In its day, this was the most celebrated of all Australian paintings. In December 1857, the art critic of the Melbourne Argus greeted Ferntree Gully in the Dandenong Ranges as deserving ‘a place in one of the royal or national galleries of Europe’20 and launched a campaign to buy it for Queen Victoria. The Melbourne Herald instead hoped it ‘will be kept amongst us [and] become the centre of our own “National Gallery”’.1The schemes failed and a pastoral company tycoon, about to retire to England, added it to his large collection of work by Eugene von Guérard, the colony’s best artist.
When Ferntree Gully was lent to the Victorian Court at the London International Exhibition of 1862, the Melbourne press eagerly published a letter comparing it with works by the late great J.M.W. Turner, claiming that von Guérard’s work was a truthful ‘study from nature herself’ compared with ‘impossible’ inventions ‘in a cockney studio’. Yet von Guérard in Melbourne, like Turner in London, painted in a city studio from field sketches taken on spring and summer landscape tours. The reviewer said that Ferntree Gully offered ‘grateful relief’ after the ‘feverish’ Turners,2 a reminder that mid-19th-century gallery-going was hot, crowded and smelly; the pleasure of looking at this work lay chiefly in its cool sunniness.
Forty kilometres out of town, the tree fern gullies of the Dandenong Ranges were in 1857 not often visited by tourists. This picture put them on the Melbourne excursionists’ map.
Success engendered follow-up variants. A small canvas, lacking the lyrebirds, is framed with rounded corners to echo the graceful curves of the composition. Large drawings of the gully, in pen & ink and wash, occur in two commissioned series of Australian views, one of them for Sir Henry Barkly, Governor of Victoria, to take home to England. Best known is the version in Eugene von Guérard’s Australian Landscapes, A Series of 24 Tinted Lithographs. Published ten years after the painting was executed, the lithograph no longer represented reality; the place had been degraded by timber-getters, fern-smugglers for the city market and by innocent excursionists. There was now ‘a comfortable hotel in [the] immediate neighbourhood’.3
The text accompanying the lithograph reiterates appreciation characteristic of the age of international ‘Fernmania’ and, following the celebrity scientist Alexander Humboldt, of fascination with tropical ecosystems: ‘the vivid verdure, the cool freshness, and the shadowy softness of an English woodland stream, [combined] with the luxuriant richness and graceful forms of tropical vegetation.’ The unknown writer then introduces the idea of a religious sanctuary: ‘nature builds up a vista of rounded columns sometimes attaining a height of thirty feet … constituting one of the loveliest cloisters it is possible to imagine … aromatic shrubs and creepers …[a] delicate and fragrant tapestry … giants of the forest, the lofty eucalypti and blackwood trees … attain an altitude of 200 or 250 feet … The wind may be “chanting a thunder-psalm” overhead, but below all is calm and silent; save for the musical ripple of the mountain brook, or the peculiar note of the lyre-bird … whose graceful plumage seems to have been designed to harmonize with the exquisite forms of the surrounding foliage’.4 When the society artist Nicholas Chevalier designed a fancy dress costume ‘emblematic of Australia, or of this colony’25 for the Governor’s wife in 1860, the conspicuous elements were a lyrebird-tail fan and, appliquéd to the edges of Lady Barkly’s ball gown, tree fern fronds.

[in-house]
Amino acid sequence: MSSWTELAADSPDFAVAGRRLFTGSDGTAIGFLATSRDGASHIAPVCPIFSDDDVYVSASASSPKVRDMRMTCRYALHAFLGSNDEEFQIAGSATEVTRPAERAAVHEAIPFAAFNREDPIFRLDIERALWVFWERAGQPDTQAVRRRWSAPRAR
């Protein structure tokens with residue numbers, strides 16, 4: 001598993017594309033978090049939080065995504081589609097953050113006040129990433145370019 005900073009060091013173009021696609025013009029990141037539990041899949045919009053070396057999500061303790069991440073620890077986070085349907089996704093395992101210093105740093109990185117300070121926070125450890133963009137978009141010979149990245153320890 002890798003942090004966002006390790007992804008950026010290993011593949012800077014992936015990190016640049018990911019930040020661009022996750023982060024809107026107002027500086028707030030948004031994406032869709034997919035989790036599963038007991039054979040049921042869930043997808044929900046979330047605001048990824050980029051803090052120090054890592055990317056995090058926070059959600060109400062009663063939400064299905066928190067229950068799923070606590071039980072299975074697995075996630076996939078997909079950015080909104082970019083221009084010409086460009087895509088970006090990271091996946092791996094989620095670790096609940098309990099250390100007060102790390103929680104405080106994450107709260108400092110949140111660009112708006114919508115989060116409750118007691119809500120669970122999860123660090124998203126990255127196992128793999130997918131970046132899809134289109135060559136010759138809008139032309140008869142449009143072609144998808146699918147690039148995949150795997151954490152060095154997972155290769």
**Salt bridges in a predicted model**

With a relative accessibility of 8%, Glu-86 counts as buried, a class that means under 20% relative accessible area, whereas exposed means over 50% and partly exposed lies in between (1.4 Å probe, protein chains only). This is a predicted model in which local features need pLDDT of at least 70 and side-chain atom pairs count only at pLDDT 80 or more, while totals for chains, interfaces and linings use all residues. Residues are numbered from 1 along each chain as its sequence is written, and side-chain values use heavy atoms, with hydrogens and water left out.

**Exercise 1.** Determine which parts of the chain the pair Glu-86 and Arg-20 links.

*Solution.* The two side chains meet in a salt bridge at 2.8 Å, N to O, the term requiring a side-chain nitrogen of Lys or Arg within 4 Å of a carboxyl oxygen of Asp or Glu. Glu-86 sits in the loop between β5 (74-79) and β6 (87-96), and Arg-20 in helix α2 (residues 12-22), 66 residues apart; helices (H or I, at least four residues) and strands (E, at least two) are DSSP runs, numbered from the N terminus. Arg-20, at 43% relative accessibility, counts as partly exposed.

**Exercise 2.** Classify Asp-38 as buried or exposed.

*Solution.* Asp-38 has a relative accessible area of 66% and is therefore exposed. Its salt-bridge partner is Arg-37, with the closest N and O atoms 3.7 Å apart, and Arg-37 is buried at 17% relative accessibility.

Close scrutiny of the colonists’ new world, identification of the spirit of a particular cool and fragrant place, and a general mood of nature-worship contribute to the aesthetic force of this masterpiece. More significant is the underlying geometry, an intricate counterpoint of ecstatically writhing ferns, backed by the solemn verticals of dead white eucalypts, and all framed by a clockwise oval leading from the centrepiece lyrebirds through fallen trunks, then up an arching tree that eventually echoes the Dandenongs’ skyline from above. This sinuous tree might be intended for the Austral mulberry, Hedycarya angustifolia, rarely so large but, as with the imaginary rocks that von Guérard introduced to the top left of his North-east view from the northern top of Mount Kosciusko, niceties of observation had to give way to the generation of visual flow. Partly a particular botany lesson, but more an image of the great cycle of nature, Ferntree Gully in the Dandenong Ranges is, above all, a field of energy. It holds the eye, continually inviting yet another brain-teasing circuit of the teeming earth, the water, the rising sap, the breathing leaves, the air, and back to the stillness of afterlife skeletons.
Daniel Thomas, 2002
1 Melbourne Herald, 4 February 1858, p.5.
2 Illustrated Melbourne Post, 18 April 1863, p.9.
3 Eugène von Guérard’s Australian Landscapes / A Series of 24 Tinted Lithographs illustrative of the most striking and picturesque features of the / Landscape scenery of Victoria, new South Wales, South Australia & Tasmania, / Drawn from Nature and Lithographed by the Artist, with Letter Press Description of each View / printed and published by / Hamel & Ferguson / Melbourne Victoria, plate XIII [issued in six parts, 1866–68]. Also facsimile edition, Marjorie Tipping (introd.), Melbourne: Lansdowne Press, 1975, p.68.
Text © National Gallery of Australia, Canberra 2010
From: Anne Gray (ed), Australian art in the National Gallery of Australia, National Gallery of Australia, Canberra, 2002